Writing Not Allowed? Lessig's Address at CCCC

UPDATE: Janine has audio of Lessig's talk!

Everyone's been raving about Lawrence Lessig's featured address, and I'd like to chime in and do the same. When the IP committee announced that they were able to get him to come and speak, I was thrilled; one of my serious convictions about IP scholarship in the field of rhetoric and composition is that we need to do a better job communicating with other R&C scholars about how the current copyright system affects them, and how alternatives to the default copyright would benefit them. We haven't adequately explained what the stakes are. I wish someone who has more expertise in this area than I do would make a good, clear bulleted list that contains specific things composition instructors get to do now, no problem, that an unfavorable decision in the Grokster case or some proposed change in legislation would change. Something like, "If the Grokster case is decided in favor of MGM, this affects you because the decision's precedent will make it so that you are no longer allowed to..." Or, maybe a list of possibilities: "If the Digital Millenium Copyright Act had not passed, you (as a composition instructor) would be able to..." "If the Sonny Bono Copyright Term Extension Act had not passed, you would be able to..."

Then come up with some really, really innovative, engaging ideas that would bring the whole thing home for this field, you know? Make everybody mad. Show everyone what this copyright quagmire actually means for democracy and knowledge. We have not done this well at all, but I assumed Lessig would. I was expecting him to do his Free Culture book talk (see notes on one of his 2002 talks), which I saw at the Internet Law Program last year and thought was excellent, but he exceeded my expectations by doing a presentation that was customized for us.

Everything we know as culture, knowledge, and politics is essentially a remix, Lessig began. Everyone does it: companies, politicians, teachers, students, everyone. It's how we construct life; we take something and criticize it, praise it, put a new spin on it, etc. Writing, in a fundamental sense, is remix. It's the core of our educational philosophy, and when we were growing up, it was free. Writing, Lessig emphasized, was allowed. Lessig then did a review of the various uses of texts (free use, fair use), using books and traditional pen-and-paper writing as the example. But now we have new technologies that allow all kinds of stuff, especially copying. Every single use of digital material results in a copy (even viewing web sites, as copies of the files are downloaded and cached). We can copy and distribute our remixes. Throughout history, we've tried to strike a balance between protection of creators' rights and readers' rights, but what happens when the technology of remix changes? Do the freedoms change as well? Lessig asked.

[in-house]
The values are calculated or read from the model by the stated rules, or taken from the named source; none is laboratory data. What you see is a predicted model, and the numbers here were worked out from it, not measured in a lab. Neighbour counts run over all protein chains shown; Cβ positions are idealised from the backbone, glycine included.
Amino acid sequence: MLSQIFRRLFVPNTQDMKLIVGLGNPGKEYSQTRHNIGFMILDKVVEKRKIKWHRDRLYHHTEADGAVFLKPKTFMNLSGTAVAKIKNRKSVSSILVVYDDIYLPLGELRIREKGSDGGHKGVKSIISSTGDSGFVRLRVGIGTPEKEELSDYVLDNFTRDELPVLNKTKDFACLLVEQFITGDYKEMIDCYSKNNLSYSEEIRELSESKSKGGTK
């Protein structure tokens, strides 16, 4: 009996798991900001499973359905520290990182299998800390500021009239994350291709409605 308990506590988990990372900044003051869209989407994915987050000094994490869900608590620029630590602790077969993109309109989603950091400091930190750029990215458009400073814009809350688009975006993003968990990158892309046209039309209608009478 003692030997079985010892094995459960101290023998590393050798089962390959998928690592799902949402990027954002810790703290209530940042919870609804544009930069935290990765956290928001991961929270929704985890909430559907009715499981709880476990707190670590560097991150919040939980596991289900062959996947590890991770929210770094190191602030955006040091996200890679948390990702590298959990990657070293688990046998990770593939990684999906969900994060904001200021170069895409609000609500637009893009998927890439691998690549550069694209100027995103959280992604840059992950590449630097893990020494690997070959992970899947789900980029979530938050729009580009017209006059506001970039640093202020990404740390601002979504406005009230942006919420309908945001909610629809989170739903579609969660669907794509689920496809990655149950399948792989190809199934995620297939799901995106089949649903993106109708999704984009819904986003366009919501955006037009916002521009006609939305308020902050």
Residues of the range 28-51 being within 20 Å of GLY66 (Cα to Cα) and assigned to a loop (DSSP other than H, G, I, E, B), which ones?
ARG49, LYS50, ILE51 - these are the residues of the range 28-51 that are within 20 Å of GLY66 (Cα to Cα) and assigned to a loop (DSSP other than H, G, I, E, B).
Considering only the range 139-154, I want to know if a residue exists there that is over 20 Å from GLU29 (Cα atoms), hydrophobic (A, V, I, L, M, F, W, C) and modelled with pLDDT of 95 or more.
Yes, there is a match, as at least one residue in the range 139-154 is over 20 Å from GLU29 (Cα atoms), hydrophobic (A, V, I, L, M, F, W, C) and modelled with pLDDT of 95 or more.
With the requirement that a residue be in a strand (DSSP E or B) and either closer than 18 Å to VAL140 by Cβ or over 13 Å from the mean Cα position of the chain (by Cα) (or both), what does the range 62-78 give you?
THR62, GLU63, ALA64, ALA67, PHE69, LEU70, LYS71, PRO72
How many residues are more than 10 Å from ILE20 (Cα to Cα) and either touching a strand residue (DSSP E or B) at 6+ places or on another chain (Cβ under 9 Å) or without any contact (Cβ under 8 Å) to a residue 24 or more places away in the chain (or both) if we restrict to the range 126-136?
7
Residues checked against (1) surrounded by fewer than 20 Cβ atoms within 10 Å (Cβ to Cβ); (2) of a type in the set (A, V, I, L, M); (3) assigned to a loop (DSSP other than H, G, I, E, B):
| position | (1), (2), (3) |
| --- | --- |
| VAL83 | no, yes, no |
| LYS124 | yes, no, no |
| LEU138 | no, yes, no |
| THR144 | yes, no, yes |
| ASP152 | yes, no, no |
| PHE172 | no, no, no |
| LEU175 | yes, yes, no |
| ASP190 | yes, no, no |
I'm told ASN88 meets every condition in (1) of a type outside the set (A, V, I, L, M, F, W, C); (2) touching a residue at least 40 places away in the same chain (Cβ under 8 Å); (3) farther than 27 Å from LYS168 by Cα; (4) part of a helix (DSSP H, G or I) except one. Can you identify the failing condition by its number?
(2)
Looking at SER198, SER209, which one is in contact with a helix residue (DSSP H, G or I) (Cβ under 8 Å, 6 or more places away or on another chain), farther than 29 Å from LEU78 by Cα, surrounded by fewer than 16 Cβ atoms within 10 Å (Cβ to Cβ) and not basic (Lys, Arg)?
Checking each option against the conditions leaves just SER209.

For students who are in elementary school, middle school, high school, and college today, will writing be allowed? No. Permission is required to remix. Lessig mentioned a film (don't remember the name), produced on a something like $240 budget, that got raves at Cannes, but the rights to use the music in the film were $400,000. Outrageous...

Lessig claimed: Remixes, like Bush/Blair doing "Endless Love" and the famous Terrorist Terrorist Terrorist video are writing. We can't teach these forms of writing because of the potential (probable) copyright infringement. The content (movie, music) industries call it piracy and wage a war on the copyright "terrorists," and the content industries want to fight the terrorists with weapons of technology. When architecture is created to guarantee protection, Lessig claimed, it will destroy remix culture. We need to reform the laws to make the laws more suited to technological change; the existing copyright law is cumbersome, expensive, and inefficient.

Lessig then suggested three responses: First, we can speak clearly about piracy. Second, we can work to restore effective separation between creative work that needs copyright and work that doesn't need the same kind. A different model makes sense for scholarship. THANK YOU, PROFESSOR LESSIG! Finally, we can embrace private reform, which is the objective of Creative Commons. Authors can mark their own content. Lessig reviewed the rationale behind Creative Commons licenses and explained how they work, with understandable (human-readable), unchallengeable (lawyer-readable), and usable (machine-readable metadata) layers. He plugged Science Commons and called for open access publishing.

He then mentioned some relevant commentary by law and ethics professor Charles Nesson, who articulates the costs of prohibition culture. This generation has been raised with rules that have no real relevance to their lives. If they internalize the corrosive "piracy" and "copyright terrorist" idea and see themselves as pirates and terrorists, it produces extremism on both ends: pirate-y anarchy and Big Business.

Lessig ended by connecting all this to literacy: Defend the freedom to write. Know the different categories of use: Regulated use, fair use, and free use. The total protection, regulated use, all rights reserved model shouldn't be the default, as it now is (everything that you put in a fixed medium is automatically copyrighted, in case you didn't know). He said he was skeptical of the "beef up fair use" strategy (again, a big THANK YOU; I am just not seeing the reformative potential there either)

I hope everyone who attended went out and told one or two colleagues about the talk. It was much needed, and I hope it created new awareness and will have some positive results among rhetoric and composition scholars.